You can access the kitchen and family room from the gallery hallway or a doorway at the far end of the great room. The kitchen, family room and a breakfast nook encompass one large, open space smartly divided into different zones. Jeff Easter helped Dori and Paul remodel this entire space plus the outdoor spaces it overlooks. Outside, Easter installed flagstone patios, a pool and a copper-roofed pavilion featuring a fireplace for three-season enjoyment.
The family room next to the kitchen is the most popular room in the house. The access to the kitchen and the back stairway from the children’s rooms makes it an easy place for the kids and their friends to hangout. A television is concealed behind raised paneled shutters when not in use. Jeff Easter’s brother, Barry Easter of Cabinet Solutions, refaced the wood-burning fireplace and mantel with black marble and did all the other cabinetry work in the kitchen and mudroom.
The room has numerous windows and four pairs of French doors. Dori and Paul added the French doors during the renovation. They open onto a pergola-topped flagstone patio, set with rocking chairs and a porch swing. It’s the perfect place to supervise pool parties and admire the gardens that are refreshed each season by J.W. Townsend Landscapes.
A durable, synthetic rug that looks just like sea grass covers the family room floor. The color palette in the room includes shades of green ranging from celery to pear and variations of gold and buttery yellow—all set off by cranberry-colored accents.
Comfortable his-and-hers club chairs are upholstered in a modern floral print. A pair of solid, pale green chenille sofas provides ample seating in this cozy room. An antique piano bench serves as a quirky side table and a large bamboo coffee table grounds the seating arrangement. The unique wood bowls on the coffee table were made from wood found on Paul’s uncle’s ranch in Texas.
The breakfast nook is a bay that features windows on three sides and a built-in hutch that looks like a freestanding piece of furniture. Tall, spindly Shaker chairs are neatly placed around the unfinished wood farmhouse table.
The kitchen has a French Country vibe, with an impressive black CornuFé stove as its focal point. Dori laughs, “My youngest child says it’s just like the one in [the Disney animated film] ‘Ratatouille.’” It has five burners and side-by-side ovens. Dori says that Ferguson Bath, Kitchen and Lighting Gallery ordered it for her, while the local Ferguson store on Seminole Lane helped her with the other appliances.
Black granite countertops and oil-rubbed bronze hardware accent the stove and outfit the kitchen. The center island intentionally does not match the rest of the cabinetry, which gives the kitchen a one-of-a-kind look. It features stained wood cabinets and a large apron-front sink. Three copper pendants shine overhead.
All the other kitchen cabinets are painted in a slightly distressed cream-colored paint—another design detail that keeps things from looking sterile or “too perfect.” The refrigerator and freezer are concealed behind cabinet fronts for a seamless appearance in the expanse of cabinetry.
Down the back hallway are a butler’s pantry, laundry room, mudroom and powder room. Dori is an organized homemaker, aided no doubt by the workspaces in this area of the home, though she gives the credit for her home’s tidy appearance to the Busy Brooms housekeepers.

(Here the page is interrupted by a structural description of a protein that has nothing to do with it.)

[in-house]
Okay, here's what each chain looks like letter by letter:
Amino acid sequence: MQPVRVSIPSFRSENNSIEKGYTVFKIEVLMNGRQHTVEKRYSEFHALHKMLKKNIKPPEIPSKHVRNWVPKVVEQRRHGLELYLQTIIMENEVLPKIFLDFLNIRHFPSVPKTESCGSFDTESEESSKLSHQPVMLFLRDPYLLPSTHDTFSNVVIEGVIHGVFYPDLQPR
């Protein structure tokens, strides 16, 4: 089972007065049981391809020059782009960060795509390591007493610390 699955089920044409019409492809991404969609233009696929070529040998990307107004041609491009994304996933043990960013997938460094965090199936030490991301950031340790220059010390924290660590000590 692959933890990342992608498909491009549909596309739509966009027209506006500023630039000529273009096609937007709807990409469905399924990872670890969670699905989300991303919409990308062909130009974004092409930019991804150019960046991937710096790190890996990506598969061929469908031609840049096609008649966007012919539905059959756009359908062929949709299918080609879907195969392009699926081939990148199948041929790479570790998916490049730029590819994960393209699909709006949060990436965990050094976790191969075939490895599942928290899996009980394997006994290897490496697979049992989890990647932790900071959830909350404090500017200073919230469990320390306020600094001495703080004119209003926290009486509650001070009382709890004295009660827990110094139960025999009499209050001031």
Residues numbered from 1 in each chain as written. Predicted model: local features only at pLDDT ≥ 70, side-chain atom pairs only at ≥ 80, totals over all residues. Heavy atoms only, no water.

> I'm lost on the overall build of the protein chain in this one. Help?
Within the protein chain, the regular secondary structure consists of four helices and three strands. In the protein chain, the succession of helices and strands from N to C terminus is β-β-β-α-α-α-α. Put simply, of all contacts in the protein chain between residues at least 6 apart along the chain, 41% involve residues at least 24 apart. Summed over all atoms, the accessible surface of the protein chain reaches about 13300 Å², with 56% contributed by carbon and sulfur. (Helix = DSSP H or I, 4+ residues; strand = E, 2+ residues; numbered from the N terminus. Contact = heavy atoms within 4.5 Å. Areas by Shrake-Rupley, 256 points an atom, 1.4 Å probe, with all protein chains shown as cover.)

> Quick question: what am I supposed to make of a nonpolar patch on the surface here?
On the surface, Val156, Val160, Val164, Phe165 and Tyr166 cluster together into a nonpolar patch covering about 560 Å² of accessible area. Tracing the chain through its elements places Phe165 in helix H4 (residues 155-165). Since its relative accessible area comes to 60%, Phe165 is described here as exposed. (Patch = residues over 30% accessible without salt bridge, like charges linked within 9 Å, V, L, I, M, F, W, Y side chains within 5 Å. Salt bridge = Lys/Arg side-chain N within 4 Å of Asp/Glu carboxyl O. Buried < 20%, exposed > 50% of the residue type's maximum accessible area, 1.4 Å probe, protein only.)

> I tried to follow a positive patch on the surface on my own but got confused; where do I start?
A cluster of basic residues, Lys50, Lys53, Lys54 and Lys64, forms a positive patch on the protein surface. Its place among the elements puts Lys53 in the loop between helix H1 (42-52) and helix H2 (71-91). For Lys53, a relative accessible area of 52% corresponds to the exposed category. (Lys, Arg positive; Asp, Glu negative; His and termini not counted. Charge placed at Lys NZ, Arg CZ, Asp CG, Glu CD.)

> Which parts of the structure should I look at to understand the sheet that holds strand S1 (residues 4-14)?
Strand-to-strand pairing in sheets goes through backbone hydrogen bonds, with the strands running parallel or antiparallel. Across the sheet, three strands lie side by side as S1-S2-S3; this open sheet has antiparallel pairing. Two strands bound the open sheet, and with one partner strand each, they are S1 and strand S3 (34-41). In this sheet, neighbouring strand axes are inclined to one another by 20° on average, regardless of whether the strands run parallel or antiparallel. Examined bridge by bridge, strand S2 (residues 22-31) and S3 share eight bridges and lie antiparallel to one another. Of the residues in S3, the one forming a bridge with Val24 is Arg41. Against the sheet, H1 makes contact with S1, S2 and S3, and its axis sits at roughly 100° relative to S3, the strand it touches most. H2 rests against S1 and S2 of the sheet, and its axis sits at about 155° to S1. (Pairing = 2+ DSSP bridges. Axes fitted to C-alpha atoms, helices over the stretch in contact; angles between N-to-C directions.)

The butler’s pantry is outfitted with a variety of handy organizational features, from built-in filing cabinets to shelves that are perfectly sized to hold platters and serving pieces.
The laundry room has side-by-side front-loading machines, a utility sink (for soaking muddy soccer uniforms) plus additional storage. This cheerful workroom is treated like a real room
and has a chandelier, pretty wallpaper and a glass-paned French slab door. Dori says laundry day feels like less of a chore in a pretty space. A frilly window sheer installed three-quarters up the interior doorframe obscures the view of the machinery yet allows natural light from the room’s window to shine into
The mudroom is the epicenter of the home’s hardworking practical spaces. It’s an octagonal-shaped pass-through with slate floors and board-and-batten paneling reaching three-quarters of the way up the wall. Shaker pegs hold an array of riding helmets over a built-in wraparound bench. Due to all of this custom cabinetry, there is truly a place for everything in Dori and Paul’s home.
From here, it’s only a few steps down the cabinet-lined hallway to the porte-cochère, the carriage house and the backyard. A small powder room is located near the exit for convenience.
The Quiet, Private Spaces
From the kitchen, the gallery hallway leads to a handsome floor-to-ceiling wood-paneled library. This is the place where family members bring their laptops and sneak naps. Raspberry-colored velvet club chairs, a small sofa and a dainty table add feminine touches to this otherwise masculine room. A powder room is located nearby in the slope-ceiling space underneath the stairway in the foyer.
The master bedroom suite is across the hall, decorated in serene shades of pale green and blue. A four-poster bed and mismatched bedside tables add visual interest to the room, along with the wool “jute” rug. The window panels have blackout liners for sleeping, but Dori keeps them open during the day so she can admire the mountain views and enjoy the natural light pouring in from the windows.
The children’s rooms are upstairs, each with its own bathroom and decorated in colors and styles to suit each child’s interests. The spacious central hallway is large enough to house a built-in homework station. Tall cabinets hold everything from art supplies to tech equipment, with everything neatly stored in cubbies, drawers and labeled baskets. Three people can sit comfortably at their computers or work on projects at the built-in desk.
Over the past seven (or so) years, Dori and Paul have created a hospitable family home that is both pretty and practical. It’s been custom-tailored to suit their family’s needs with the help of talented local artisans and designers. Dori and Paul have accomplished their mission of becoming a favored hangout for their children and their friends. What transformations will the next seven years bring to this family and their home?